Friday, April 3, 2015

I Never Thought Flexible Would Become a Dirty Word

A letter from today's Star Tribune:

Why aren’t people lining up to fill jobs? Flextime may be a culprit

While the April 1 article about high job vacancies blames low pay, there is another huge reason why so many of these positions are not sought after — the abomination known as flexible scheduling. In essence, the positions require that the employee work entirely at the whim of management. Typically, a flextime contract specifies things like this:
  • You will be guaranteed a minimum of eight hours’ work per week but must be prepared to work up to 32.
  • If you are scheduled but are not needed, you will be called and told to stay home, unpaid.
  • If you come in to work at a scheduled time and are not needed, you will be sent home early and paid for the hours actually worked.
  • Your work times can vary by length and time frame. (For example, you may be scheduled to work two hours in the morning one day, then six hours in the evening the next and so on).
  • If the employer is short-staffed and you are already at work, you will be required to stay extra, up to 16 hours continuously. If you refuse to stay more than twice, you will be fired.
  • If the employer is short-staffed at any time, you will be called and required to come in to work. If you refuse more than twice, you will be fired.
  • You can be fired at any time without prior notice for any reason or no reason at all.
If employers wonder why no one is leaping to work for them, they should ask themselves if they would work like this. Somehow, I seriously doubt it.

Sharon L. Casey, St. Paul
Those are some crazy rules. "Flexible" is one of those words that seems like a universal good, but when I think of flexible hours at a job, I think it means the employee has some leeway --  not this bizarro-world described by Sharon Casey.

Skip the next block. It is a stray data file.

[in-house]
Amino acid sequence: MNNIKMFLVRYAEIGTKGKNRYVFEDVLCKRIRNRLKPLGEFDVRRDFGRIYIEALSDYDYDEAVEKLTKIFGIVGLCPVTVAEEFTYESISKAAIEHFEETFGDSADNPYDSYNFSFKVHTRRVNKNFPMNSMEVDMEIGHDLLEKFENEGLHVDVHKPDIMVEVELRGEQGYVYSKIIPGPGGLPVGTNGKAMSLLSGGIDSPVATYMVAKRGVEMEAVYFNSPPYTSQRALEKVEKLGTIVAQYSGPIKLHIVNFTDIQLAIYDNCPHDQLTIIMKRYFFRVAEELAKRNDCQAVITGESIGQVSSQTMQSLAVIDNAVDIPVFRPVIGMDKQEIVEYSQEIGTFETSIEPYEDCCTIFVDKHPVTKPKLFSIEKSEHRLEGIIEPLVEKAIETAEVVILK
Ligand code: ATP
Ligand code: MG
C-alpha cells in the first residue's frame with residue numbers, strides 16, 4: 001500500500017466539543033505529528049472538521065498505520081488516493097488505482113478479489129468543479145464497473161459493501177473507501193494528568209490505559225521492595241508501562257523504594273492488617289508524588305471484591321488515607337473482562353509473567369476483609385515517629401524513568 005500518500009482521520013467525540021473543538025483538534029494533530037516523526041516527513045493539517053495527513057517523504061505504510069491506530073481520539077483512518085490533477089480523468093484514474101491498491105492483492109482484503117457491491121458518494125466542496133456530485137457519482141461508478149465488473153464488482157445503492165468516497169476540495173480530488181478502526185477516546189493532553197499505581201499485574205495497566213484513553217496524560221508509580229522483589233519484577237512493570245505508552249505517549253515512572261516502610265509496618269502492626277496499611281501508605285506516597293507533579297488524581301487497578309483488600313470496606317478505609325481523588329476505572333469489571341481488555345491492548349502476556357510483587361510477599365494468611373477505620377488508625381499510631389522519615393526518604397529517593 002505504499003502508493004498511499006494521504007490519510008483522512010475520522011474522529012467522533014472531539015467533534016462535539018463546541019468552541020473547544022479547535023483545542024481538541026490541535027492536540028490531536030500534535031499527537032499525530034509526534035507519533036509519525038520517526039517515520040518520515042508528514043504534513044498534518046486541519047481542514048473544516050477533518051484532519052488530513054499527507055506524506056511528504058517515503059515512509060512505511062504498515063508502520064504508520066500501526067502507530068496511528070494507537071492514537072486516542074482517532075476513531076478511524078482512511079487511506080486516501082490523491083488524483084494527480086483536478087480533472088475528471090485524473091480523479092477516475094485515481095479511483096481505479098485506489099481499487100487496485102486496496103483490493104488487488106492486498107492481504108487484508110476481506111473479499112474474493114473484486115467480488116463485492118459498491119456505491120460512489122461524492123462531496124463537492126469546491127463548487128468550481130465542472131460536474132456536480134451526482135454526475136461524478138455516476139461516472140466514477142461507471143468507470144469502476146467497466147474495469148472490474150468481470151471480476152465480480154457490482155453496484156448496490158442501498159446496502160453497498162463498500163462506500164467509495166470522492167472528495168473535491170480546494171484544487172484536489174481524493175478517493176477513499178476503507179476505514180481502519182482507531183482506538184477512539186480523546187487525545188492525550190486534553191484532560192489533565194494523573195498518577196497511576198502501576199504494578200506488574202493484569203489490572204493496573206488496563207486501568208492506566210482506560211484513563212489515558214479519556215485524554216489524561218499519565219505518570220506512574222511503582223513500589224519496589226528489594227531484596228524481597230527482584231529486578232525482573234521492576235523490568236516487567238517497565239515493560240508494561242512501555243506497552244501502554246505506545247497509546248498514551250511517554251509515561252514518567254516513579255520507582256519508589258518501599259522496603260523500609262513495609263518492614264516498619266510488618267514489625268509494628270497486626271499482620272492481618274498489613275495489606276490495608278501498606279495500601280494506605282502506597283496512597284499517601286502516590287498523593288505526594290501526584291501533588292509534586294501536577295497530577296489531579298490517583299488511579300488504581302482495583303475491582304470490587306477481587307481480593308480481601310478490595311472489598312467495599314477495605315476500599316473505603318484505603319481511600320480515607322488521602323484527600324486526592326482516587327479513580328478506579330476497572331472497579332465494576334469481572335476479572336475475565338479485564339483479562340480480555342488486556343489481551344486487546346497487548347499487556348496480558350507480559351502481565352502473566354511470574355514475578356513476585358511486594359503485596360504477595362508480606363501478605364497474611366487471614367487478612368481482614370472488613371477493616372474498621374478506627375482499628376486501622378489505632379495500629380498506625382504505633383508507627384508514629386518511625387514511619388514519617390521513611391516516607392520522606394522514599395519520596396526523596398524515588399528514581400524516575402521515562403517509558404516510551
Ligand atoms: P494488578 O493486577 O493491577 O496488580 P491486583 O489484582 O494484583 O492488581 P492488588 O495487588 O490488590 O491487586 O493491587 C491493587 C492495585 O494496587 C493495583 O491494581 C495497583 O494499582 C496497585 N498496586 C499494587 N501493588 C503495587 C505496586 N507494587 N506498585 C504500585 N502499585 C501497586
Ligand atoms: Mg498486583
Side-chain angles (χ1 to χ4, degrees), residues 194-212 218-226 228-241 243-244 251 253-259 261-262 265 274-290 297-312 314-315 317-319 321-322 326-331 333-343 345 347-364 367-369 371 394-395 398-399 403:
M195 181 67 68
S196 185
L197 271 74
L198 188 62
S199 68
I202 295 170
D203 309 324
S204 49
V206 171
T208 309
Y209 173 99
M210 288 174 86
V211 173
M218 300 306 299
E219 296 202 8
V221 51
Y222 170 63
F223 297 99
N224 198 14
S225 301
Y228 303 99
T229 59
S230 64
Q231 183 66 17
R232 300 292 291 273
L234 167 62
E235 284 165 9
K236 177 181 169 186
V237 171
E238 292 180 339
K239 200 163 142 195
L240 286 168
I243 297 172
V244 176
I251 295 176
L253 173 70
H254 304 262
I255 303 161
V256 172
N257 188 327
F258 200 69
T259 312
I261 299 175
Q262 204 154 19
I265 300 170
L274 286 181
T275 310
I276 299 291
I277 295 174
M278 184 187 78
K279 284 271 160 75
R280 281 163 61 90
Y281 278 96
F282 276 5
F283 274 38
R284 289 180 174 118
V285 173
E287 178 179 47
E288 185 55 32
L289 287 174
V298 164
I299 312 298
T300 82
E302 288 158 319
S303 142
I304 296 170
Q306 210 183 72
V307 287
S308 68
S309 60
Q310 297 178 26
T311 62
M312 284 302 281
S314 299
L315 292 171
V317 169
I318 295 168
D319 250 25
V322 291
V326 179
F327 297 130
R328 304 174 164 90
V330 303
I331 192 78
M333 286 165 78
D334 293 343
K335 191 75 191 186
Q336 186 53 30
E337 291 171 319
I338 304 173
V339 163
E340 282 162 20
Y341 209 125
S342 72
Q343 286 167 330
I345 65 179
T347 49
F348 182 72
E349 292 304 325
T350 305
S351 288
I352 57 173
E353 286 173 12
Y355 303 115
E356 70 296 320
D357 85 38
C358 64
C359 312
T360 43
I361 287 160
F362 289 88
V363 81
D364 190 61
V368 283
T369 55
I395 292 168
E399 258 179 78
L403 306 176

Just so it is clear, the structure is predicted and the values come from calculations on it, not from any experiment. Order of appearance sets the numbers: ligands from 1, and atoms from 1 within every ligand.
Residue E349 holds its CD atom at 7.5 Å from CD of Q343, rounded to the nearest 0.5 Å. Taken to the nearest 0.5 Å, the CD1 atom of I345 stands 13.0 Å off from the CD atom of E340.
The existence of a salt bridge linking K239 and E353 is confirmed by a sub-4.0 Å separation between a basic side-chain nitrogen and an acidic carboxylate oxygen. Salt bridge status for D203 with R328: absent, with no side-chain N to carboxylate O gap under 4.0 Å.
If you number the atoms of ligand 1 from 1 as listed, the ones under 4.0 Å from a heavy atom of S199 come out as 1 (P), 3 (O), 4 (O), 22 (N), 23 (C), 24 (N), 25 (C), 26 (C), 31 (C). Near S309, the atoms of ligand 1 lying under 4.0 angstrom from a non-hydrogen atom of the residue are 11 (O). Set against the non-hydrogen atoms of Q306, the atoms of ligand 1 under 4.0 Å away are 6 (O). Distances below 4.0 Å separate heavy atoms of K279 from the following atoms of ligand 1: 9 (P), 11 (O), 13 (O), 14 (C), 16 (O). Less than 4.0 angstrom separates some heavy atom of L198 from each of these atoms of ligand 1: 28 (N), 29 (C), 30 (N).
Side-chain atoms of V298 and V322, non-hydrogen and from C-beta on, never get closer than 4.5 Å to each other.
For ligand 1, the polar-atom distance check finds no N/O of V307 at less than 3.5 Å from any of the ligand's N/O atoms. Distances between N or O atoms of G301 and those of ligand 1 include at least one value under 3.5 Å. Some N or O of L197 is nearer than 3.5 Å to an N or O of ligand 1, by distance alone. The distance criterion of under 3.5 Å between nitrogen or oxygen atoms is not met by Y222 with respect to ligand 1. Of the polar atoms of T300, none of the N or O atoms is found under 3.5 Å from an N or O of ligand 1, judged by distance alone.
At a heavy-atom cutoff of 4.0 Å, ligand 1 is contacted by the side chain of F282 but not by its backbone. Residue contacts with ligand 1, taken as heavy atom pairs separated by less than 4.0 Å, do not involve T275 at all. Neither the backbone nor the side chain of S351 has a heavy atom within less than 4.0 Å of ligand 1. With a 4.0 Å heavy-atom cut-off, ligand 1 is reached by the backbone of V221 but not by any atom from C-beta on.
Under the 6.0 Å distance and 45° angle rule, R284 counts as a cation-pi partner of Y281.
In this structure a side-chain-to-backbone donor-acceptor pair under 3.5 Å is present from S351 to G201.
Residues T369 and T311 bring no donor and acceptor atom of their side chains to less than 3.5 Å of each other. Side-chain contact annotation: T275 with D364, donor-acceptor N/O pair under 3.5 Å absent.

All of us who are not affected by this kind of change in employment practices need to remember that things today are not as they were 30 years ago. It's similar to the way the college debt crisis has arisen:
  • tuition, room, and board are disproportionately more expensive
  • the minimum wage is worth much less
  • out-right financial aid has dried up in favor of unsubsidized loans 
College was a lot easier to afford 35 years ago, believe me. Similarly, the idea that people should just "go get a job" and all their problems will be solved misses these major changes in the employer-employee compact. This is one of the key attributes of the precariat. You can't arrange child care, go to school, or have any kind of life with a schedule that varies that much, and note that it's clearly nowhere near full-time, either, so you also can't pay your bills.

It's all part of the "race to the bottom" approach to running a country that has been in force since the Reagan Revolution.

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